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Retailers are increasingly investing in their mobile commerce platforms, be it an app or a mobile web site, to encourage consumers to use them while out shopping. But sometimes just getting a signal is a challenge.
Planet Retail’s Malcolm Pinkerton, senior analyst, says stores are realizing more shoppers regularly use mobile as part of the retail experience.
“They use it when they’re out and about, looking for deals, checking for product and asking friends’ opinions on an outfit on their social network,” Pinkerton says. “Shoppers use mobile at every stage, so they’ll demand to have consistent Internet access. If they’re paying for it, they want it. And in areas of weak spots, they’ll expect free Wi-Fi or better cell coverage.”
Among those planning on buying holiday gifts this year, 76% plan on using the Internet to shop through a traditional computer or laptop, followed by a mobile or smart phone (15%) and an iPad, iPod, or similar device (14% – up significantly from 7% in 2011), according to the Cotton Incorporated Lifestyle Monitor™ Survey.
Of consumers planning to use their mobile device for holiday shopping this year, 63% plan to comparison shop (down significantly from 82% in 2011), followed by locate stores (52%), purchase items (49% – up significantly from 28% in 2011) and read customer reviews (37%), according to Monitor data.
More retailers and mall operators are adding Wi-Fi in an effort to meet customer demand for Internet access while shopping. Target recently rolled out free Wi-Fi, as did Sam’s Club in 500 warehouse stores. Cloud Nine Media and DragNFly Wireless are bringing free Wi-Fi to 24 select U.S. malls. And Google and Boingo are expanding wireless hotspot access to eight malls, with service support coming via Google Offers.
At Chicago’s 900 North Michigan Shops, free Wi-Fi has been offered since 2007, says Ryan Beshel, spokesperson.
“It is helpful to offer Wi-Fi so customers can search for information and promotions via phone,” says Beshel, adding that it made sense as the 900 Shop also features dining, a spa, and a gym. “We simply started it to offer another amenity and convenience for our customers. As the anchor shopping center on the Magnificent Mile, it is up to us to set a standard for maintaining the very best customer experience that we are able to provide.”
An Internet Retailer survey shows nearly 42% of retailers have a mobile commerce budget of less than $25,000, while the remaining stores spend anywhere from $25,000 to more than $1 million.
Smartphones account for more than half of cellular handhelds in the U.S., and Nielsen Co. reports half of those owners use mobile commerce apps. JiWire reports that shopping malls are among the most common places consumers use smartphones and tablets. The mobile ad company also reports the number of Wi-Fi locations has increased 12% in the second quarter from a year ago, to 776,556 worldwide. That marks the first double-digit increase since the third quarter of 2011.
A slow signal impedes shoppers’ ability to download coupon codes, read a review, or get a friend’s feedback on a potential outfit. Sometimes customers want to compare prices, either to get a better deal elsewhere or to see if a retailer can match the lower price. While this showrooming technique is the bane of modern retailing, a slow signal will only frustrate customers — not stop them from using the practice.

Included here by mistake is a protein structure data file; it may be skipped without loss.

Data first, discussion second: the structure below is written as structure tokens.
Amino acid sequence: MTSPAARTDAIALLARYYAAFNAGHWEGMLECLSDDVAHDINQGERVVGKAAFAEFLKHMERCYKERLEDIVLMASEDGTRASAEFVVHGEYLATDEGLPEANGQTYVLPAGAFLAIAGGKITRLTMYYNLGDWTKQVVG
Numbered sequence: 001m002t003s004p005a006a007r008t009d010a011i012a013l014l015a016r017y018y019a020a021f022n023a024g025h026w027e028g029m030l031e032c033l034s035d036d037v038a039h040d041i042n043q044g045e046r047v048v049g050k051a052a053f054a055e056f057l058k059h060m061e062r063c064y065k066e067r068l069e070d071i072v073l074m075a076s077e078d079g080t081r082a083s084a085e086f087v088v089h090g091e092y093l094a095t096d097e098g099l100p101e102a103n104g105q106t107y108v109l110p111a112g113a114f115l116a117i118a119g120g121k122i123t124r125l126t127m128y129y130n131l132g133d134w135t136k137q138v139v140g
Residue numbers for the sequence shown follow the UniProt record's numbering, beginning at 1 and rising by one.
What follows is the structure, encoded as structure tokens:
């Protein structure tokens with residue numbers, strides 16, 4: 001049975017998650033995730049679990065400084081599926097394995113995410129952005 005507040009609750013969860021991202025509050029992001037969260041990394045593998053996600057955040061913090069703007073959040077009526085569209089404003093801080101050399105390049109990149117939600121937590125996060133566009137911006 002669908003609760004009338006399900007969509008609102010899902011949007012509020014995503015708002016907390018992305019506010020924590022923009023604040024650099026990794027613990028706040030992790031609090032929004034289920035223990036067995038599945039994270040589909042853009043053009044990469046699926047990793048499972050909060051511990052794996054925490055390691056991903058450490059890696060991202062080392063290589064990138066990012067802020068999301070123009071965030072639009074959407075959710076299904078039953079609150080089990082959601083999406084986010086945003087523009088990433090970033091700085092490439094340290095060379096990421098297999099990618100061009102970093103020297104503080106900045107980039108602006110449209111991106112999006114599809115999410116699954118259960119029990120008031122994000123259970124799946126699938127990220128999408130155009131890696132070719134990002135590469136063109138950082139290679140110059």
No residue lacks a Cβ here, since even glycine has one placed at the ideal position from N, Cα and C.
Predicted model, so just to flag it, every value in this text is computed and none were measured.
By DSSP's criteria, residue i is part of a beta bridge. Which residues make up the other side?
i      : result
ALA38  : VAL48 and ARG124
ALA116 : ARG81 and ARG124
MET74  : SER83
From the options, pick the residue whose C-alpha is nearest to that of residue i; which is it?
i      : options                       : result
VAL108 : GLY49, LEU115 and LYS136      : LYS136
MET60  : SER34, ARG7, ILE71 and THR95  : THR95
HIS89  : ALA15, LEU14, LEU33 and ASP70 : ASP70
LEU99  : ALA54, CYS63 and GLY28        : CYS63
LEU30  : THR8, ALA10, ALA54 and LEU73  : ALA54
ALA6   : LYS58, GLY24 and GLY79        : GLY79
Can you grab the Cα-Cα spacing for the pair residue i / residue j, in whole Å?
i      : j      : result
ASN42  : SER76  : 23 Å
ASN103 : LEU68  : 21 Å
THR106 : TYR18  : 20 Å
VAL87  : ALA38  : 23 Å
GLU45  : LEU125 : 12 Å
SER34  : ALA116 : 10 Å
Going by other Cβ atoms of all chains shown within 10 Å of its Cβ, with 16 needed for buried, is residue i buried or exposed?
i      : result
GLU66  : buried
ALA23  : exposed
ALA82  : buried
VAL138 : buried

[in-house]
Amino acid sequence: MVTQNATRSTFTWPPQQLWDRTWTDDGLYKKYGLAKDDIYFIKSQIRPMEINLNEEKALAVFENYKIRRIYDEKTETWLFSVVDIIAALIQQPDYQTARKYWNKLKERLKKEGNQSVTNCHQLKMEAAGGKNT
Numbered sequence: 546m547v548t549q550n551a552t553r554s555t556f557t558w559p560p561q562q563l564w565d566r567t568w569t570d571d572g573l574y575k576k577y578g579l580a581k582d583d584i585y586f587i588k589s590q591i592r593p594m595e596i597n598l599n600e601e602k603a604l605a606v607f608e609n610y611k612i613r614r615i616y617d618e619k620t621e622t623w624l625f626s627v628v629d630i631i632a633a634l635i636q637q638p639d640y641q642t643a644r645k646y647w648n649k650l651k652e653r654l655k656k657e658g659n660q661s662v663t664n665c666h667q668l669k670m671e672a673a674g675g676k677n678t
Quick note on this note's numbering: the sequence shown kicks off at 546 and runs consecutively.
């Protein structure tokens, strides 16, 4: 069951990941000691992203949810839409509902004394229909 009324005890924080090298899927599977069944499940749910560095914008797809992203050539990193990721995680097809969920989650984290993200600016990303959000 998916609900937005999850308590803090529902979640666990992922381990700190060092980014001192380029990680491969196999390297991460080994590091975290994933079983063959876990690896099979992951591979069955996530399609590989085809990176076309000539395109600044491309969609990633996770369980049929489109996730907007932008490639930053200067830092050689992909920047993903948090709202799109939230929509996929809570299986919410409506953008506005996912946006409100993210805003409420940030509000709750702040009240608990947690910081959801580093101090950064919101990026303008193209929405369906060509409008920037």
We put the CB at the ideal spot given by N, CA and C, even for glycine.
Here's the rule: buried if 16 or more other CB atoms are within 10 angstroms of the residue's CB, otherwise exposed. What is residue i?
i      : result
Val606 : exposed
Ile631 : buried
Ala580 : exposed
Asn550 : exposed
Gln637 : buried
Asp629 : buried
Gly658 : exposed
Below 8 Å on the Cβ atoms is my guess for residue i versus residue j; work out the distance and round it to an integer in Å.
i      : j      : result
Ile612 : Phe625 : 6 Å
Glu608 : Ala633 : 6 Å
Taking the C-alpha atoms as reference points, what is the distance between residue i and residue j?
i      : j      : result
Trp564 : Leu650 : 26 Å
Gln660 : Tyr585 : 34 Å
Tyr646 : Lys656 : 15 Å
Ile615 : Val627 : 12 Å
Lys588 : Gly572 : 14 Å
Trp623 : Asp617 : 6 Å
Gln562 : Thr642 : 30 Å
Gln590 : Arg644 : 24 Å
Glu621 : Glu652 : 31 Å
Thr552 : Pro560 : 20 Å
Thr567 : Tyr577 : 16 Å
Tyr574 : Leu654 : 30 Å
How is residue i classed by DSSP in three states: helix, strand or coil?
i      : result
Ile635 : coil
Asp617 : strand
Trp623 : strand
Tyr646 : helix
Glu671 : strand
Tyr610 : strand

In a recent report, IDC Retail Insights found consumers are more likely to buy from tech-savvy retailers. The report says about 70% of shoppers plan to showroom this season, and they will be “more likely” to buy from retailers who offer full-featured mobile sites, provide omnichannel conveniences across stores and websites, support smartphone shopping apps, and offer price comparisons via QR codes.
“Retailers from Walmart to Luxottica Retail acknowledge the critical importance of engaging today’s savvy consumer through dynamic technology to improve the customer experience and increase sales,” says Greg Girard, program director, IDC Retail Insights.
Walmart and other mass merchants may expect to see the most showrooming this holiday, as the Monitor finds 61% of apparel gift givers plan to shop those stores. That is followed by chains (58%) and department stores (49% – up significantly from 37% in 2011).
Besides store-supplied Wi-Fi or a boosted signal courtesy of the cell phone networks, consumers should soon be experiencing more seamless Internet with the Wi-Fi CERTIFIED PasspointTM network, courtesy of a partnership by major U.S. cable companies that are installing 50,000 hot spots under the CableWiFi™ brand. This will eliminate smartphone users’ need to go to their phone settings, find a Wi-Fi network, log in — and then do it all again at a different store or mall.
Pinkerton says free Wi-Fi will be the difference in whether or not the modern consumer makes a purchase.
“It wasn’t considered by retailers until now because it’s a huge investment,” Pinkerton says. “But Wi-Fi is becoming cheaper to manage. And smartphones are now the norm, whereas a few years ago that wasn’t the case. Consumers are increasingly using their smartphones throughout the whole shopping journey and retailers have to accommodate that.”
This article is one in a series that appears weekly on WWD.com. The data contained are based on findings from the Cotton Incorporated Lifestyle Monitor™ Survey, a consumer attitudinal study, as well as upon other of the company’s industrial indicators, including its Retail Monitor and Supply Chain Insights analyses. Additional relevant information can be found at CottonLifestyleMonitor.com.